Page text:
Cyber Ramblings - June 5, 2001

5 June 2001
Canadian Tire Loses Bid for URL

Canadian Tire Corp. has lost its bid to wrest control of the "" Web site from a London, Ont. man. A Canadian arbitrator appointed by the Geneva-based World Intellectual Property Organization (WIPO) ruled that the retailer cannot claim the right to the expression. Mick McFadden has said he intended to use the site as a means of voicing complaints about pricing and quality. He took the site down over a year ago, after Canadian Tire threatened court action, but kept ownership of the domain name. Canadian Tire tried to buy the site from McFadden but he declined to sell it. In his decision, WIPO arbitrator Ross Carson noted that Canadian Tire said "" was listed for sale for US$85,000 at the Website

EU Lobbying for TDL

As the Internet's global standard-setting body met Friday to push for the creation of seven new Web domain tags, Europe appeared to go against the flow with plans for a pan-EU geographic domain name. The Internet Corporation for Assigned Names and Numbers (ICANN), meeting in Stockholm this weekend, is taking steps to launch new domains that should help relieve the pressure for more Web address space as the Internet continues to grow. To supplement the heavily used ".com," ".org" and ".edu" domains and those that indicate country of origin such as ".uk" and ".fr," ICANN is focusing on domain names that indicate categories of activity such as ".biz" and ".pro." The European Union appeared to take another tack with its plans to create the ".eu" domain, whose main feature is its strong geographical connotation.

eBay Sued Over Fake Rolex Watches

eBay said Friday that its European subsidiaries have been sued by Rolex watch maker Montres Rolex, which contends that the Rolex trademark was infringed when counterfeit Rolexes were sold on eBay's German website. In a quarterly filing with the Securities and Exchange Commission, eBay, an online auctioneer, said the suit was filed April 25 in Cologne, Germany, against eBay GmbH and eBay International. The suit also claims unfair competition.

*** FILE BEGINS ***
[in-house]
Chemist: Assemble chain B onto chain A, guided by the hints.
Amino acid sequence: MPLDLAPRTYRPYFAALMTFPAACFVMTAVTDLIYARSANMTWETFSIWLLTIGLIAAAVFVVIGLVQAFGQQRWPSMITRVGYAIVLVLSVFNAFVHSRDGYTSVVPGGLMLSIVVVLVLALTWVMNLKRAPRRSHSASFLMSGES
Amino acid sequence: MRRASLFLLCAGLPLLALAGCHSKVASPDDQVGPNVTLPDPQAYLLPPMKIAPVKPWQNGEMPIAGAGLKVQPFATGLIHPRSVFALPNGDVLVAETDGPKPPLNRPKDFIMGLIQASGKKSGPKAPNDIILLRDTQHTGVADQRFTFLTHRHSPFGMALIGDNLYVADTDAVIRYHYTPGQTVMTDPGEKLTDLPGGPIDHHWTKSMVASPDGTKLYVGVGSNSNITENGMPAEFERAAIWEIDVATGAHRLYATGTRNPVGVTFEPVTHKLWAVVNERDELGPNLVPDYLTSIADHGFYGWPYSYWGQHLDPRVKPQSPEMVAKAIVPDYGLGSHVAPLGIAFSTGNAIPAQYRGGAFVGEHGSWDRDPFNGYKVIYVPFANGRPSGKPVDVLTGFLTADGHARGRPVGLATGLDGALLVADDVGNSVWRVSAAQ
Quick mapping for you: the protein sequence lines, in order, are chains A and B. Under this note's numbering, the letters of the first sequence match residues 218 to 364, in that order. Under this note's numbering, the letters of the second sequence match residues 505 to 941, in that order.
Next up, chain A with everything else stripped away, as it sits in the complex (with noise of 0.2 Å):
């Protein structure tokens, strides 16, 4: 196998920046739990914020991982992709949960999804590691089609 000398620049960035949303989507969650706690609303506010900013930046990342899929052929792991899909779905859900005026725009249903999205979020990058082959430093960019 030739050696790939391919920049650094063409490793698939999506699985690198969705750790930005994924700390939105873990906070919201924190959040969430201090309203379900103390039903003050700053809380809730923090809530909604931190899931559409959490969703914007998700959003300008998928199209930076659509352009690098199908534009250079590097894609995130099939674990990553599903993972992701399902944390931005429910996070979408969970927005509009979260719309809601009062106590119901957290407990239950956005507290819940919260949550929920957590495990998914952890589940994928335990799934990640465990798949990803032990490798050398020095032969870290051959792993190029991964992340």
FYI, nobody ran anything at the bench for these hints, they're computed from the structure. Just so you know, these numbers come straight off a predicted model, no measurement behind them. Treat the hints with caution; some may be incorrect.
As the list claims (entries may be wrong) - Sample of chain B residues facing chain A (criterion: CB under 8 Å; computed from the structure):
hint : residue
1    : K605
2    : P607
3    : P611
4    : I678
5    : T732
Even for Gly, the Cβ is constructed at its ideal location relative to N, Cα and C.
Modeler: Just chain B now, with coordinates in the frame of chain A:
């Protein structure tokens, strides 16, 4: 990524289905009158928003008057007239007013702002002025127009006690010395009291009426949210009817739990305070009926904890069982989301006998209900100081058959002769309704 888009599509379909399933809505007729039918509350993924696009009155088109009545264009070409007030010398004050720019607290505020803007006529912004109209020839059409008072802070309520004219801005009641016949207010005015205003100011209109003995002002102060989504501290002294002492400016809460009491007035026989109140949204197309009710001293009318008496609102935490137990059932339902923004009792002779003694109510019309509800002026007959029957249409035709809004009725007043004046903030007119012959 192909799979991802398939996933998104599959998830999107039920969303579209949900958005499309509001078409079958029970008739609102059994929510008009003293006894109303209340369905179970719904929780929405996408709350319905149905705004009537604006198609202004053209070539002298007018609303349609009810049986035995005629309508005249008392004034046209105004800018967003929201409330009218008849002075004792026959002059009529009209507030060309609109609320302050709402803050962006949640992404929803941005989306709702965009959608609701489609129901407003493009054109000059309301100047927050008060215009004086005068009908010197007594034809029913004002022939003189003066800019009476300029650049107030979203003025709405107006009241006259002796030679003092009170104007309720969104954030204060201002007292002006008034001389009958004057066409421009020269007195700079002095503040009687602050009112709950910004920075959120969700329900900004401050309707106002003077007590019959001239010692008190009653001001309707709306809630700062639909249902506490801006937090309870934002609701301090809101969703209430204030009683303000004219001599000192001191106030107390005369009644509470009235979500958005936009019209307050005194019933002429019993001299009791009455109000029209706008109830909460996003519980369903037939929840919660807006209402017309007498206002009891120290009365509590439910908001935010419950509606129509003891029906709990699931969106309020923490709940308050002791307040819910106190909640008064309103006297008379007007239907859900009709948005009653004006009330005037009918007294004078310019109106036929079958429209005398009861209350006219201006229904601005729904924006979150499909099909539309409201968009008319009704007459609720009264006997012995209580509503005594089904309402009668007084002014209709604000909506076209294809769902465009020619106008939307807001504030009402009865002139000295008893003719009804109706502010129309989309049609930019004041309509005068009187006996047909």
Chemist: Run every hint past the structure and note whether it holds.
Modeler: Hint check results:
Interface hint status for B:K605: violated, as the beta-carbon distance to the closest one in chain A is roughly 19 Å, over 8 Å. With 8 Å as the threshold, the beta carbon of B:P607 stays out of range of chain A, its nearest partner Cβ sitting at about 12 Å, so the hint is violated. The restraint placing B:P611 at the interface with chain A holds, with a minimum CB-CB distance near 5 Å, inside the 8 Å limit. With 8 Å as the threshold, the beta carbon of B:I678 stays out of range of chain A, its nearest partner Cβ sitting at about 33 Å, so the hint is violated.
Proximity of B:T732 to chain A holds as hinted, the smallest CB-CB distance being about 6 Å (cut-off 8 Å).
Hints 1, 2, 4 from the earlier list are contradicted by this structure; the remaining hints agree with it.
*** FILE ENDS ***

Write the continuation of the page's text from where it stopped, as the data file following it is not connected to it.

FCC Chair Warns of Digital Confusion Among Consumers

As dramatic as the Industrial Revolution, the migration to new, lightning-fast digital technologies will leave some consumers confused and overwhelmed by a dizzying array of choices, the government's top communications official says. As they navigate this rocky road, Americans will have to figure out which of the multitude of new services being offered really make life better, said Michael Powell, chairman of the Federal Communications Commission. And companies that have raced to introduce such products to the market--sometimes without a firm business plan in place--need to determine how much consumers want to pay.

"I think the wildcard is always people. Are people ready for it all? Are they going to change their lives enough to absorb all the technology or will they reject it?" Powell said in an interview Thursday with The Associated Press. "We are pushing a whole lot of stuff at people."

Hackers Target University Computers